Sen. Kent Conrad is currently enduring one of the most prominent scandals in decades to hit a North Dakota elected official. It is noteworthy because this isn’t Chicago, New York or Peoria IL. It is North Dakota and we expect more from our politicians. As Chairman of North Dakota’s Republican Party, I would respectfully suggest that Conrad’s problems won’t be resolved until he can answer at least the four following questions.


  1. Why the shifting explanations? Conrad has had at least three variations of his story detailing his relationship with the head of Countrywide Financial. Initially, Conrad claimed total innocence. He said he got a mortgage like everybody else. He said he didn’t know the CEO, didn’t ask for special favors and didn’t know he got a sweetheart deal. Later, he changed his story and said he actually did call the CEO to ask for a mortgage, but didn’t specifically ask for special favors. Now he says he didn’t really call the CEO at all, he was just talking to a friend on the phone about mortgages, and his friend merely happened to be standing next to the CEO, so his friend handed the phone over. Setting aside the rather all-too-convenient sounding nature of his latest story, North Dakotans still deserve to know why his explanations have had so many evolutions.
  2. Why the extraordinary Senate help in bailing out Countrywide? Conrad is the Chairman of the Senate Budget Committee. In order to facilitate the bailout the unethical lenders and speculators that caused the mortgage crisis, Senate Banking Committee Chairman Chris Dodd (D-CT) needed Conrad to agree to waive budget rules to help the massive handout move forward. Conrad and Dodd are the two Senators at the center of the VIP mortgage scandal. It is a strange coincidence, and Conrad needs to explain exactly why he supports the budget-busting taxpayer bailout of one of the very companies from which he secured a sweetheart deal. His active support of the bailout is especially troubling considering North Dakota has the lowest mortgage default rate in the country. Consequently, North Dakotans will disproportionately shoulder the burden of bailing out reckless real estate speculators elsewhere. It is a huge wealth transfer from our state to other parts of the nation. At the very least, Conrad should consider abstaining from participating in the legislation given the appearance of impropriety.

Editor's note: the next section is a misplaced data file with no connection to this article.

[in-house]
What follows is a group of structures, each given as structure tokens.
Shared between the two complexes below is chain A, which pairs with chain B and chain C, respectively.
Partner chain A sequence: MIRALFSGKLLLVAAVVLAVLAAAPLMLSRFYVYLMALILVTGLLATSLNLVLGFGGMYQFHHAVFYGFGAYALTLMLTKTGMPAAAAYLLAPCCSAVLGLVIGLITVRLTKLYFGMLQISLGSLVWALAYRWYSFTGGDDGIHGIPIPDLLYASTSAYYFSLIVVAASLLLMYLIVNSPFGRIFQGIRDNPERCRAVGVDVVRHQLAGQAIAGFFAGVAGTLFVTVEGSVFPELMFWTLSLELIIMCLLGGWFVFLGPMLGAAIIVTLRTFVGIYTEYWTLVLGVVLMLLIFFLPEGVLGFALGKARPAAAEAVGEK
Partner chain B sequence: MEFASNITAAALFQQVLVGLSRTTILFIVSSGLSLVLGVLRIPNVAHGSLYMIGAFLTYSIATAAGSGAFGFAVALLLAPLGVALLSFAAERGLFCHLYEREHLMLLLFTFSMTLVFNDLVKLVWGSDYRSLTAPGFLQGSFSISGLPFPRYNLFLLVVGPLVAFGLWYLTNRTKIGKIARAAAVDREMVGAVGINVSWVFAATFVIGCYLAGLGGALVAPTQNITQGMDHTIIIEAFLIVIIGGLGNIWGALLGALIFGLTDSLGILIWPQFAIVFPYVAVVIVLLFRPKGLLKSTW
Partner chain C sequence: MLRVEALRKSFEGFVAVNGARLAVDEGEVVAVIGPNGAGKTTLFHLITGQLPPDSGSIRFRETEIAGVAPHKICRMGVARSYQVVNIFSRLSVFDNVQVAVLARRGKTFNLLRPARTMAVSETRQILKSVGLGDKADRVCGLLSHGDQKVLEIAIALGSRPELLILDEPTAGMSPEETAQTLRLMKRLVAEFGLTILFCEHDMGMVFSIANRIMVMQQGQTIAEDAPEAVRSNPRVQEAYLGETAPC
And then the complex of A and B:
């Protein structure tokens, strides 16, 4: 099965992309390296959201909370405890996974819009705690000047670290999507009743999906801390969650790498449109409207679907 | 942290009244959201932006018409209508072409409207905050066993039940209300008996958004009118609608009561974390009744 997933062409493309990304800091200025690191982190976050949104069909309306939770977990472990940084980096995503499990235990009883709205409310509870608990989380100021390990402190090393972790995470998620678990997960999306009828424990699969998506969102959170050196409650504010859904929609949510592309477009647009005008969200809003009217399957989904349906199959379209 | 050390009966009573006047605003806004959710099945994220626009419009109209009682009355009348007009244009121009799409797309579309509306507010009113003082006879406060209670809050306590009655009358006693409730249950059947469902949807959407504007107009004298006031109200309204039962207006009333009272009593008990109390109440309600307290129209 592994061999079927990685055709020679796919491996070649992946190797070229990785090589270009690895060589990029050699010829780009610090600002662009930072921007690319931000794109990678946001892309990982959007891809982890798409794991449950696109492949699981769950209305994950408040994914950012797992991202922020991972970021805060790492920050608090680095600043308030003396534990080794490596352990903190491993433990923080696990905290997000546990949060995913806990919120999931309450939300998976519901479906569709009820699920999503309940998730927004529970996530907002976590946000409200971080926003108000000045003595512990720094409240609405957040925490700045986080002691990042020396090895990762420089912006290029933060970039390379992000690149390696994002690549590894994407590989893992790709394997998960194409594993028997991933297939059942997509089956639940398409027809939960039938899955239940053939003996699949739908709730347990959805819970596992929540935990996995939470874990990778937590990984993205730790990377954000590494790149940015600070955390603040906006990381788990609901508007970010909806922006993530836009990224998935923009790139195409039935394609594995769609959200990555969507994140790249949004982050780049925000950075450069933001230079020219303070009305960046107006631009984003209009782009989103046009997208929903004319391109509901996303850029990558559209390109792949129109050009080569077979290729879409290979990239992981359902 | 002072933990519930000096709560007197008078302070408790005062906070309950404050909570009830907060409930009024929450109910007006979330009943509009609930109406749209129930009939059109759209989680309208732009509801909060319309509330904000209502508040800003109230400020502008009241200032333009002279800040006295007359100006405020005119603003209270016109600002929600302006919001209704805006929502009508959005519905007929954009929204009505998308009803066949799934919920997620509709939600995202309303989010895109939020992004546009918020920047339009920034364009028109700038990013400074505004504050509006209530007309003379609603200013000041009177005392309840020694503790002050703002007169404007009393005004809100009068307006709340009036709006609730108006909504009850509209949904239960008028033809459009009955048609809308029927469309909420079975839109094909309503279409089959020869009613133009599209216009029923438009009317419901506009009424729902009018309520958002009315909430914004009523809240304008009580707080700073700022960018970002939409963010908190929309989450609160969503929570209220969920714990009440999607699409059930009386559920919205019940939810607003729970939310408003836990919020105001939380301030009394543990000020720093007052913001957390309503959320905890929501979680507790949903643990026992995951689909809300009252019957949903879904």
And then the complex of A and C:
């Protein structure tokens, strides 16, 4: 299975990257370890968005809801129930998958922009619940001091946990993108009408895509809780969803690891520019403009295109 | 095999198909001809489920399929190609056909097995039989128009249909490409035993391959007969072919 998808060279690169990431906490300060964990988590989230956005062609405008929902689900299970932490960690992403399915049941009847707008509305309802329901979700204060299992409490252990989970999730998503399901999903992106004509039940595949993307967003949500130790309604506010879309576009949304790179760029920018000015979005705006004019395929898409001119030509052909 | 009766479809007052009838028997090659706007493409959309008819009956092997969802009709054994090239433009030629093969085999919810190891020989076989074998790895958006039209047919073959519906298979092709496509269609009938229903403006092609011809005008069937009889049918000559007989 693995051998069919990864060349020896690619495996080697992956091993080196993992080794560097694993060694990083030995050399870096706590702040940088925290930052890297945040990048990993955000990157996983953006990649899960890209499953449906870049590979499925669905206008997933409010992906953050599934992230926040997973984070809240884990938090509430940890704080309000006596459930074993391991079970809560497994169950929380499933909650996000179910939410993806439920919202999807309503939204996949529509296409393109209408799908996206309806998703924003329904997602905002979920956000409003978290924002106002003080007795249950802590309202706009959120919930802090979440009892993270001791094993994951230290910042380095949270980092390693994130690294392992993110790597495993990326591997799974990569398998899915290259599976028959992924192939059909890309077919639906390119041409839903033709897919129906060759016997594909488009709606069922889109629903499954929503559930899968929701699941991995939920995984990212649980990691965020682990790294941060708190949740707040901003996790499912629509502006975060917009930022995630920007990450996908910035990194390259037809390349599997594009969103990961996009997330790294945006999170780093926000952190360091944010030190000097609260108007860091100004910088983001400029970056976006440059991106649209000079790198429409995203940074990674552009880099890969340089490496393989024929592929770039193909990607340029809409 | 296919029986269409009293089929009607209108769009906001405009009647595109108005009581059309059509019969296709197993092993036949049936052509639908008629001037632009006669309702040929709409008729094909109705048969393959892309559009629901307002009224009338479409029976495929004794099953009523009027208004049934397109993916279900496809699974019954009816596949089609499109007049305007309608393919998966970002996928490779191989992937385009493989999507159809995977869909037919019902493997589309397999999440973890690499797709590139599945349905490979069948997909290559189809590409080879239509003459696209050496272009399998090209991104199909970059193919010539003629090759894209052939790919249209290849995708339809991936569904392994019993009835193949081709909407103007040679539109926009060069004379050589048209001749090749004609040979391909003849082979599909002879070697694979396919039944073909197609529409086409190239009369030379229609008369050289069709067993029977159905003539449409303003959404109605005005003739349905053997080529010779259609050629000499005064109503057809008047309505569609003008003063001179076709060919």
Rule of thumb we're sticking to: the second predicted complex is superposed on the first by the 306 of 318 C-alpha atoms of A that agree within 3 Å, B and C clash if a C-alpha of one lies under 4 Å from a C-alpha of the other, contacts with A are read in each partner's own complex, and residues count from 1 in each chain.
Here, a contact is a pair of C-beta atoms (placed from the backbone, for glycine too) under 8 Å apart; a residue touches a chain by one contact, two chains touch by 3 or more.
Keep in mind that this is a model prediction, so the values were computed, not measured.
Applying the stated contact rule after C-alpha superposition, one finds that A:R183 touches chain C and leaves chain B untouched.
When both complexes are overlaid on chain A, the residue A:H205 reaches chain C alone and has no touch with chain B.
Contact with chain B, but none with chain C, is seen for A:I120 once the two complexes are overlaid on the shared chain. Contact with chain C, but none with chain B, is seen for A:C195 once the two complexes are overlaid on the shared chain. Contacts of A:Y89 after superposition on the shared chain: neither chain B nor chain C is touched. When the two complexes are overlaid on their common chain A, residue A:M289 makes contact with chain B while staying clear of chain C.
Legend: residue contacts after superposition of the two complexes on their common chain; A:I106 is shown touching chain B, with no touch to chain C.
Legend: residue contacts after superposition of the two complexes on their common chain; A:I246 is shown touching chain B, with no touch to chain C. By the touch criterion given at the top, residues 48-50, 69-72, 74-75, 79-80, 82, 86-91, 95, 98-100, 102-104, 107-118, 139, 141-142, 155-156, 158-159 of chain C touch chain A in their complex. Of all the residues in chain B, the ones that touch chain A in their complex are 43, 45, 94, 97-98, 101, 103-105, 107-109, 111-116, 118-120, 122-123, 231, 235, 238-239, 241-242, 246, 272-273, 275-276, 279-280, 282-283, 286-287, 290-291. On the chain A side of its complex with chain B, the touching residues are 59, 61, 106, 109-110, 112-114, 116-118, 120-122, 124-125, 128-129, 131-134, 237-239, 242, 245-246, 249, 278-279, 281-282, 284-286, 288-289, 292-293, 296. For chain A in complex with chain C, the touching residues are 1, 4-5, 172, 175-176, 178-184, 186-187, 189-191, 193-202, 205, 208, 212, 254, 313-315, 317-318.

3. Why not use a North Dakota lender? If, as Conrad claims, he really didn’t get a better deal with Countrywide than anywhere else, it is mystifying why he wouldn’t use a North Dakota lender for the Bismarck apartment complex. We have to assume Conrad is smart enough to shop around for mortgages. If the Countrywide deal was only equal to what he could have gotten anywhere, then why not patronize North Dakota businesses? A very rational explanation is that having been referred to and spoken with the Countrywide CEO for his million-dollar beach house, Conrad implicitly knew he was getting awfully good deals. Reports have indicated that the VIP program was common knowledge among Washington insiders, so Conrad appears to be portraying himself as willfully blind to the conflict of interest.
  4. How does the Senate’s self-proclaimed “numbers guy” not know the most basic facts about his own mortgage? Conrad has spent years selling the notion he knows more about finance and budgets than just about anyone else on the planet. Yet when it comes to his own finances he takes the “ostrich defense.” His ignorance of his personal finances is worth remembering the next time he brings out his charts proclaiming higher taxes and more government spending as the path to economic prosperity.


Conrad is learning the hard way what so many fallen politicians before him have discovered. When you are caught red-handed, it is best to fess-up completely the first time, and then humbly ask for forgiveness. To date he has done neither. He has earned the admonishment of nearly every major editorial page in North Dakota. National newspapers as diverse as the Washington Post, the Wall Street Journal and the USA Today have been even more harsh in their rebukes. Conrad has likely seen his dream of becoming US Treasury Secretary dashed because of his serious error in judgment. If he isn’t more forthcoming he may eventually see his Senate career ending as well, even if we have to wait until 2012 to get it done.